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HomeNewsArchivesAir, Sea Arrivals Soar in June; Summer Seen as Strong

Air, Sea Arrivals Soar in June; Summer Seen as Strong

July 30, 2004 – More visitors arrived in the Virgin Islands in June of this year than in any previous June in the last 20 years, according to Lauritz Mills, director of the territory's Economic Research Bureau.
"Advertising pays and partnerships pay," Steve Bornn, the Tourism Department's marketing director, said in explanation.
Territorywide, the total number of June visitors – 184,571 – was up 30.5 percent from June of 2003, when there were 144,422, according to a release issued on Thursday.
Overall, air arrivals totaled 57,982, up 19.4 percent from 48,578 a year earlier.
On St. Croix, air arrivals were up by 32.1 percent, at 11,419 compared with 8,647 in June 2003.
Mills said an increase in the number of seats on airplanes flying to St. Croix accounted for the larger number of visitors. Caribbean Sun now makes numerous trips each day, and charter flights are bringing passengers from Denmark.
For the St. Thomas/St. John district, air arrivals totaled 46,509, an increase of 16.5 percent from the 39,931 who arrived in June 2003.
Cruise passenger arrivals in the St. Thomas-St. John district were up 36.4 percent – at 126,643 in June compared with 92,844 a year earlier. There were 43 cruise ship calls, up from 37 in June 2003. No ships called on St. Croix in June of either year.
Territorywide, the hotel occupancy rate for June stood at 60.3 percent, up 3.1 percent over the previous June.
The research bureau estimated St. Croix's occupancy rate at 39.2 percent for this June, which would be a decrease from the 40.3 percent in June 2003. But Mills said the 2004 figure is under-represented because two large hotels did not report their occupancy rates. She declined to identify the properties.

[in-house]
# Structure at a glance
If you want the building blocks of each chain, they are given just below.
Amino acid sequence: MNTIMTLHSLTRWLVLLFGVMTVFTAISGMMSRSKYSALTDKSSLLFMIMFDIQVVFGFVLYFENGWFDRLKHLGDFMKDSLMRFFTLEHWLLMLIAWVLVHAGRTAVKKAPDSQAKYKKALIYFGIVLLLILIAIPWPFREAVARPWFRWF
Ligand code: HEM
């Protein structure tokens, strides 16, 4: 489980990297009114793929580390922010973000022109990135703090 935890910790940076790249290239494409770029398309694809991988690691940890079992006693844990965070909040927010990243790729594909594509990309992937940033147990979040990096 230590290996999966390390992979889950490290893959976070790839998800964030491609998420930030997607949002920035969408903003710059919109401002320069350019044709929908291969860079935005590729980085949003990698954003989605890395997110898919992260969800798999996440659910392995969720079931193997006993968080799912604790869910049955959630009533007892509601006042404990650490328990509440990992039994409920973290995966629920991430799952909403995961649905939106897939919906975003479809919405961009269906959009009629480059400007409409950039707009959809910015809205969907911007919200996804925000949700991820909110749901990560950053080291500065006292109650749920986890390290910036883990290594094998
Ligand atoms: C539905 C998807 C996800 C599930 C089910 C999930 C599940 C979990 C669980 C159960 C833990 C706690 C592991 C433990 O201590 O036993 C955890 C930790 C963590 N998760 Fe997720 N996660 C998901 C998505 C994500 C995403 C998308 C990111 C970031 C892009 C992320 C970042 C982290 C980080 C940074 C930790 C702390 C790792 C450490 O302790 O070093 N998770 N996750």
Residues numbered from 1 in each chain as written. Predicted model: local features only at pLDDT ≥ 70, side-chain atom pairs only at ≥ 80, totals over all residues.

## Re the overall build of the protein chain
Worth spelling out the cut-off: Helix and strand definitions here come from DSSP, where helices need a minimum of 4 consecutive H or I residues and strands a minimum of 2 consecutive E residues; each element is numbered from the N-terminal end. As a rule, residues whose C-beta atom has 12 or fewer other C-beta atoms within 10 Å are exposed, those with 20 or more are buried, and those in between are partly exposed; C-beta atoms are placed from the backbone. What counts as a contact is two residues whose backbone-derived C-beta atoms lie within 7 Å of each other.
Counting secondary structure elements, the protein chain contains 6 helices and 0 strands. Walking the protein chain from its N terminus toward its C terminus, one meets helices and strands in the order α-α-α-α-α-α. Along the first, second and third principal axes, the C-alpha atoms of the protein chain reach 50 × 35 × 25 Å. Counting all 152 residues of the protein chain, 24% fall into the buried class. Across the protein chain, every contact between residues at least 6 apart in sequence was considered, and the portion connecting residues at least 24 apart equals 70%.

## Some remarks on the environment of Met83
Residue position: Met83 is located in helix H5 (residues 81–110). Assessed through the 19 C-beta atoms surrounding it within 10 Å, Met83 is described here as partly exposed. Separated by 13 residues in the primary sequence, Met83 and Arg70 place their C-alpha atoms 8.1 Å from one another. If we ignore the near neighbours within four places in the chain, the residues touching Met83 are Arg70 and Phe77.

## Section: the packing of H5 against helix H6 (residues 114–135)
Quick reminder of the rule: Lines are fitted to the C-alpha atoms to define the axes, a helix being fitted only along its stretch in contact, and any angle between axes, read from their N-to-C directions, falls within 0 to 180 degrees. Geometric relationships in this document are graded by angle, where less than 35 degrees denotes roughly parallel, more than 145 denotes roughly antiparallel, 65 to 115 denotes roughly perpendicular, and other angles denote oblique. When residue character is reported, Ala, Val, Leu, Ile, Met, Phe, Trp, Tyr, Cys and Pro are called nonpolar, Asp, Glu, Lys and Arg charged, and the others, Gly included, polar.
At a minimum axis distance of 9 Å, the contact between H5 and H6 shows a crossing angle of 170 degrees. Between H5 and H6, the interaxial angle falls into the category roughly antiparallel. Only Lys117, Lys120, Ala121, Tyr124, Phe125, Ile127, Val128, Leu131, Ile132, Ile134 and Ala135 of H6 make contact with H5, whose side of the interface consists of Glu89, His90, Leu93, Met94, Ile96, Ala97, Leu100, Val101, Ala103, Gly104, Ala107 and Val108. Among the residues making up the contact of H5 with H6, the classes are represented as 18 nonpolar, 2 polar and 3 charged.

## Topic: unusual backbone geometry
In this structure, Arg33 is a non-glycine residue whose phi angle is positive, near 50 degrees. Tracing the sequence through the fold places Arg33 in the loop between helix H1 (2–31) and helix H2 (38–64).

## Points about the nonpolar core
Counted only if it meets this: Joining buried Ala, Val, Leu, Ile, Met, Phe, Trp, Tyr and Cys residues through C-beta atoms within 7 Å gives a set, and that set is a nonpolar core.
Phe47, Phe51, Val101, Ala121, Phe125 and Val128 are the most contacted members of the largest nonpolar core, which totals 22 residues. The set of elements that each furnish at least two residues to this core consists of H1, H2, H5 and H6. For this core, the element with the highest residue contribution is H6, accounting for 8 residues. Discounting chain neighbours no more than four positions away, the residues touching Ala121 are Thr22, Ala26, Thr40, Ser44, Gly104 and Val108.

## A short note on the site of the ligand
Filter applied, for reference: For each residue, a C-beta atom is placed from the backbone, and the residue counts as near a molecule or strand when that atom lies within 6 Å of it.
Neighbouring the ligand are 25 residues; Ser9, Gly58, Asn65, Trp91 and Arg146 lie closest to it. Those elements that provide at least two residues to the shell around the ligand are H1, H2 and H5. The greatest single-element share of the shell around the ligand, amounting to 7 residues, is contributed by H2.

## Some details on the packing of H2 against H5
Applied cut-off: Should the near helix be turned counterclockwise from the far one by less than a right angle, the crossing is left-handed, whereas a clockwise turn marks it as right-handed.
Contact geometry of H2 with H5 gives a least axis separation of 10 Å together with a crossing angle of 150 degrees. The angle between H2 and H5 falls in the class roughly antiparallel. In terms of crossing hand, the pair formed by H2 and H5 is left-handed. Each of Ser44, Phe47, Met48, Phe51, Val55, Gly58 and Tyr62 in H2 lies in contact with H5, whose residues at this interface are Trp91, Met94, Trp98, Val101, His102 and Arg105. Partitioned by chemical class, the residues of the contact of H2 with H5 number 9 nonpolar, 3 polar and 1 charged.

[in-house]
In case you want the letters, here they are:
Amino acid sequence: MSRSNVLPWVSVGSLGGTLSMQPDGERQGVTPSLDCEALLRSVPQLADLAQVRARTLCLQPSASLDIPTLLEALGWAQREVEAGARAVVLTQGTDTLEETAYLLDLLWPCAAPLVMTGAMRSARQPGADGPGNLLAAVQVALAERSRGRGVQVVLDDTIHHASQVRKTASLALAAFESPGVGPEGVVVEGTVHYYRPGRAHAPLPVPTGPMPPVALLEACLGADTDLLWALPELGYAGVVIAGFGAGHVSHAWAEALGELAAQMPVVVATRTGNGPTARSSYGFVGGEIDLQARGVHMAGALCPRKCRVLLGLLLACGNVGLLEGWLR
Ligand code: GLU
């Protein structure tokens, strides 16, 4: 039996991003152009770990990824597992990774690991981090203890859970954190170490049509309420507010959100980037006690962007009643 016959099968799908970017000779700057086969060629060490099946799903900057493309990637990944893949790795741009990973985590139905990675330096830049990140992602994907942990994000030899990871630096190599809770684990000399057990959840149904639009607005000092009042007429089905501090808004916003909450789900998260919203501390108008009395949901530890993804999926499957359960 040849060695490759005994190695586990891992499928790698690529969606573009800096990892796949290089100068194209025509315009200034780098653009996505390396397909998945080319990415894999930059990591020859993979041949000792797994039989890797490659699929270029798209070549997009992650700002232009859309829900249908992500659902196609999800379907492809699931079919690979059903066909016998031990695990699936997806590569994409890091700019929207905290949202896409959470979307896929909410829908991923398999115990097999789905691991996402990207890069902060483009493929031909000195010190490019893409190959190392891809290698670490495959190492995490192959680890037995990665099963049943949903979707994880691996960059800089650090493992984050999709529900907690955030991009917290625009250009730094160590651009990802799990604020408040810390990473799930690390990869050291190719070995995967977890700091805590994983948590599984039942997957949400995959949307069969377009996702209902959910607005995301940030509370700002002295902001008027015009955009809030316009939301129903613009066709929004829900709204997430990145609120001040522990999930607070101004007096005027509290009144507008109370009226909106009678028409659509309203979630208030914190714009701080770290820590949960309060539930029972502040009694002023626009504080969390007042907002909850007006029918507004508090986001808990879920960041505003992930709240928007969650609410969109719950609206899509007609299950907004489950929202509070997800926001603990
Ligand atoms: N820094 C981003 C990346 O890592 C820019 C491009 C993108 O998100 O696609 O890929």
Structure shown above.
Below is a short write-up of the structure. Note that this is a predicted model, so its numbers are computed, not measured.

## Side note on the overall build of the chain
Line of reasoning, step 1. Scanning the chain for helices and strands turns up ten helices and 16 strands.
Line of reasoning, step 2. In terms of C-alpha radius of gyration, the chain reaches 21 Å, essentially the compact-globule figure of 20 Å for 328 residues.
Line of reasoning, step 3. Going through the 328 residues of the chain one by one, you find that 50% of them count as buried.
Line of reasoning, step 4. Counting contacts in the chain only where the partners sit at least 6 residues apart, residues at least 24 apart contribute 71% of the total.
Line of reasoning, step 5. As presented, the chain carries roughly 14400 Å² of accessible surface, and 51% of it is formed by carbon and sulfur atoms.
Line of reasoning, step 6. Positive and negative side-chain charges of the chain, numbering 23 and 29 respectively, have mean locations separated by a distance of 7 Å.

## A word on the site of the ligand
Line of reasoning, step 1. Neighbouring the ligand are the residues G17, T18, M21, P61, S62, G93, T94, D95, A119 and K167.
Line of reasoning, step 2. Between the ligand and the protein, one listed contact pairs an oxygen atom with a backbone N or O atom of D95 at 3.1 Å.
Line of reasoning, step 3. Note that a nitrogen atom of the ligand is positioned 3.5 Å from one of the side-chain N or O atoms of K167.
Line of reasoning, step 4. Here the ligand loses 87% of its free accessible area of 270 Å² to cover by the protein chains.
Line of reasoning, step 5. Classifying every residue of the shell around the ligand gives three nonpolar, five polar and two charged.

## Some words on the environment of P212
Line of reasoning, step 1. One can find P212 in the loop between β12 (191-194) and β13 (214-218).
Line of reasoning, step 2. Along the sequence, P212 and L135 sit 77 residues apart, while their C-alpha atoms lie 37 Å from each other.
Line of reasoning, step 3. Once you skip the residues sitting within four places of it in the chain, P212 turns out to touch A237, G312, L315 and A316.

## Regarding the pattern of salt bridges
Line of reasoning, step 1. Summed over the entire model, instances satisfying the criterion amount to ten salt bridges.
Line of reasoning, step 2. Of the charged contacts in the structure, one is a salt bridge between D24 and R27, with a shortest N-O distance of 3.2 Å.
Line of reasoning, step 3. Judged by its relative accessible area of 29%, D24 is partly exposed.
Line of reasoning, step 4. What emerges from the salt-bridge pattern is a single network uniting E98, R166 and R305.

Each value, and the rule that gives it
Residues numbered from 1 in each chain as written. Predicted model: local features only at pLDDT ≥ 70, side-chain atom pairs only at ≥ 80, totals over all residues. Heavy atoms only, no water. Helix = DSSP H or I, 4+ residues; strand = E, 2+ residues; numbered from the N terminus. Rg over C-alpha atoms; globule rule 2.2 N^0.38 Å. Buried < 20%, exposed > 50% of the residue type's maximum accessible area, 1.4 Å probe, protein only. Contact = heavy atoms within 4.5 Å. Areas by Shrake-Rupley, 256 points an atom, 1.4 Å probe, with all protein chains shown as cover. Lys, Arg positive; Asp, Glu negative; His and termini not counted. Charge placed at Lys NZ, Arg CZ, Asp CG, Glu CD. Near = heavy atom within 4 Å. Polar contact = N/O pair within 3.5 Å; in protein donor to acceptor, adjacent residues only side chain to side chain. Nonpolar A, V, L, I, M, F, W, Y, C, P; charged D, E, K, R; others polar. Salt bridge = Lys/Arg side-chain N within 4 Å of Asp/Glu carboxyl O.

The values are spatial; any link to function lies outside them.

For the St. Thomas-St. John district, June hotel occupancy was 66.7 percent, up from 62.3 percent a year earlier.
Mills said hotels are not consistent in the way they report their occupancy rates, particularly in the St. Thomas-St. John district, and that this ongoing problem skews the figures generated by the bureau. She said that the problem relates to a high turnover of the hotel personnel who gather the data.
Bornn said tourism is in a growth period. "For the first time in a very long time we don't see any bleak spot," he said. He said the rest of the summer looks strong and that North American travelers are choosing to visit the Virgin Islands over Europe because the dollar is on the weak side there.
Also, he said, the territory was helped by a summer promotion offering tourists a free sixth night on St. Thomas or St. Croix and a free seventh night on St. John, as well as other incentives.
One thing Bornn doesn't even want to hear about is hurricanes. "I pray about the H word," he said.
He said major properties sold out this month in the St. Thomas-St. John district and that St. Croix is in "decent shape."
John Derosa, general manager of the Hibiscus Beach Resort on St. Croix, said his hotel had an impressive 87 percent occupancy in June. "It's been incredible for the past year," he said.
When the Danish charters first starting arriving in the spring, he said, guests were occupying five rooms a week. Now, it's up to 10 or 12 a week. Additionally, he sees that travel from the U.S. Northeast is up. "We did a lot of marketing on our own and with the hotel association," he said.
Graeme Davis, who chairs the St. Thomas/St. John arm of the V.I. Hotel and Tourism Association, said the June numbers looked outstanding. "It's certainly showing the rebound, and the entire economy is looking good," he said.
Davis, who is general manager of the Westin Resort and Villas on St. John, said that property had a 91 percent occupancy rate in June.
While the August numbers so far look a little lower than last year, he said, many travelers wait until the last minute to book, "especially this time of year."

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